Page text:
Saturday morning - a quick trip to the feed store and then I watched lessons until it was my turn. We had a fantastic ride, building on the day before and I'm certain aided by my newly improved seat. I have never felt so at one with my horse and secure. Val was reaching into the bridle and seeking contact for the first time since I've been riding him. It's amazing how freely your horse can move when you are not blocking him. Things to remember from this ride are following with my hands and really allowing my horse the room to reach - in essence not blocking. Also, sending him forward resolves many issues.

Could it be Sunday already? After I lunged Val for a bit and got some strategies to handle when he tries to run out on me, Erin worked him. By the end of her ride, she had Val reaching for contact, using his back and increasing his stride length. Her feedback was that he has a noodle neck which must be stabilized... he doesn't really understand the leg aid very well and is super crooked - most likely a result of protecting his left hip (old injury). I was so relieved to find out that there is a physical component to our turning issues. Edited to add: Erin is not happy with her leg position in this photo - "waaaayyyy too far back" she said :)

Erin handed Val off to me and as I led him back to the mounting block he seemed to be shocked that the lesson was not over yet. We had a very productive ride and I now have a handle on where we need to go with our practicing. It was a weekend full of revelations and breakthroughs.

Val's take on our trip: Grass, excellent hay, friends - possibly one enemy, and a very comfy stall. We can't wait to go back!

Saturday, May 1, 2010

At the barn #8 - When it rains...

Something I'm learning about owning horses is that there are so many emergencies that can happen with a horses' health and when they do it's usually at the most inconvenient times. Here's what has been going on in our (tiny) horse community just over the last couple of weeks...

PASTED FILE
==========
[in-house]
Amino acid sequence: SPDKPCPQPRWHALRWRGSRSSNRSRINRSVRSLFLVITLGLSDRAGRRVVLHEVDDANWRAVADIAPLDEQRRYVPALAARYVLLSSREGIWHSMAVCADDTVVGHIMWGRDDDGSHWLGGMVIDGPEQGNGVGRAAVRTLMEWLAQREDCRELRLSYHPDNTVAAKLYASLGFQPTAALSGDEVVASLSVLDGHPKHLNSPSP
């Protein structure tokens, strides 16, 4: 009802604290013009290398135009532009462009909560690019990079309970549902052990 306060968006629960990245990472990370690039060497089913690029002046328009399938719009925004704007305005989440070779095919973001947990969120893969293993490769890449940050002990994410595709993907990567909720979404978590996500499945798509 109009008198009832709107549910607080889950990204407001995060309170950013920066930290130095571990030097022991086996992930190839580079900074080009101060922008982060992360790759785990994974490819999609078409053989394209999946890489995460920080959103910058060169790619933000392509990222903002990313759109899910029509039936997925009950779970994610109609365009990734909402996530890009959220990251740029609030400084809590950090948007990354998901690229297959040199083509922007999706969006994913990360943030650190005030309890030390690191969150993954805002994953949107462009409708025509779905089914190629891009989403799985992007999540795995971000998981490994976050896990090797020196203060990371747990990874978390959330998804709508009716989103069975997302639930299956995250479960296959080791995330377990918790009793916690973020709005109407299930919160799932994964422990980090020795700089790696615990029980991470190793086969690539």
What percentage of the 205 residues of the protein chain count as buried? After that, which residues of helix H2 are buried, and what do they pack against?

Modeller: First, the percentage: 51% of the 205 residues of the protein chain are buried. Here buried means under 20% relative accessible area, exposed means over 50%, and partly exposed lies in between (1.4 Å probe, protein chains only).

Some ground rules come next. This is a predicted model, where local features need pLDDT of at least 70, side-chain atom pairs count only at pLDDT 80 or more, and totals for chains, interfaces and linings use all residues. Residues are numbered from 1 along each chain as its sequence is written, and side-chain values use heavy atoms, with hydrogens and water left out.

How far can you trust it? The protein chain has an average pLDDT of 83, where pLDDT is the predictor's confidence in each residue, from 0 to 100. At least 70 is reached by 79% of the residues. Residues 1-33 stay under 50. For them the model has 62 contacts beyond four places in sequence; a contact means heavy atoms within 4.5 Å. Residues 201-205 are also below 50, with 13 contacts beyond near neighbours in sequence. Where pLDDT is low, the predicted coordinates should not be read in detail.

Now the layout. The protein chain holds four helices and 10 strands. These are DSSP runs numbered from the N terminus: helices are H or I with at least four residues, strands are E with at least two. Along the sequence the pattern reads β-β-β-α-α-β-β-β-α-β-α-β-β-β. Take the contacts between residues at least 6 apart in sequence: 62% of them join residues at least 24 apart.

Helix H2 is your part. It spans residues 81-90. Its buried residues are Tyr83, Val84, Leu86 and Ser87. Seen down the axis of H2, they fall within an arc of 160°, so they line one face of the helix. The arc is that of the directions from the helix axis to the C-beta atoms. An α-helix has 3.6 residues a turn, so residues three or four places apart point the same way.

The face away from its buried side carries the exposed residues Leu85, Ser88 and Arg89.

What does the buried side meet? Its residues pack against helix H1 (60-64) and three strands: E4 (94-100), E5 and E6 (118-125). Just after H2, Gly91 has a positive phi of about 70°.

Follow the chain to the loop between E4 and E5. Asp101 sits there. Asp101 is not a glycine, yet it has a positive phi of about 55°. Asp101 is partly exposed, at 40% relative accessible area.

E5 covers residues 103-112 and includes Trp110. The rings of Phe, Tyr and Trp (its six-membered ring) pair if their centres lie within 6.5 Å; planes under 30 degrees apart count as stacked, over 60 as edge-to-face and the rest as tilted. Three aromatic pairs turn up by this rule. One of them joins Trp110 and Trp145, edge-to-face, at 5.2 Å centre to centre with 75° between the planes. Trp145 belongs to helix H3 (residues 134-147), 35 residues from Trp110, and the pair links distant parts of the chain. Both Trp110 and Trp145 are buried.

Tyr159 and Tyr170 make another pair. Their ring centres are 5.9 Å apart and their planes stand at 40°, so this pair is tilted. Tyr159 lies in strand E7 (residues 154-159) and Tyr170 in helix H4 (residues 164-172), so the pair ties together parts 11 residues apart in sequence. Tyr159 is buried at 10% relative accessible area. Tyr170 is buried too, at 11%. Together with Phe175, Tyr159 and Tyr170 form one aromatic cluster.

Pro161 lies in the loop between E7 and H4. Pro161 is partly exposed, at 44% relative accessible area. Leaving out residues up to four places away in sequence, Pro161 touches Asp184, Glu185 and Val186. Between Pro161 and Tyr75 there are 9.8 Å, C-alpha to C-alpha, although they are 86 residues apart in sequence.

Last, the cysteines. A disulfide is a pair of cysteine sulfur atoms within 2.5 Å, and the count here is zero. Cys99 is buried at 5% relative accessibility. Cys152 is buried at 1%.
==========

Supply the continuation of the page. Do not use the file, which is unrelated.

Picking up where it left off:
• The local trail barn had a serious colic while on a trail ride - the horse fell out on the beach - revived with a shot of banamine so they could get him home. A couple of days later another horse at the same barn colicked so severely he had to be euthanized. A few days later the original colic case has to be rushed to the equine clinic (3 1/2 hours away) - he had a giant worm load that led to colic / peritonitis / internal bleeding. 
  • An elderly gelding was kicked nearly to death by his pasture mate for no apparent reason... the owners met the vet halfway and were sent to Raleigh - 6 hours away - to a better equipped veterinary hospital. The gelding is recovering at the hospital from a punctured lung and broken ribs. This happened after hours as well.
  • Another local gelding was spiking a fever combined with swelling in the groin and going off his feed... symptoms coming and going. He ended up with lyme disease, and is recovering at the clinic on intravenous antibiotics.
I'm super thankful that Val has been very healthy so far, and feel justified in my micro managing of his care. An ounce of prevention is worth a pound of cure!!

On a more positive note, we had a really nice ride on Thursday. We're preparing for a trip to our trainer's next weekend... I can't wait to get some feedback (of the human variety).

Congratulations to Calvin Borel and Super Saver on their Derby win today :)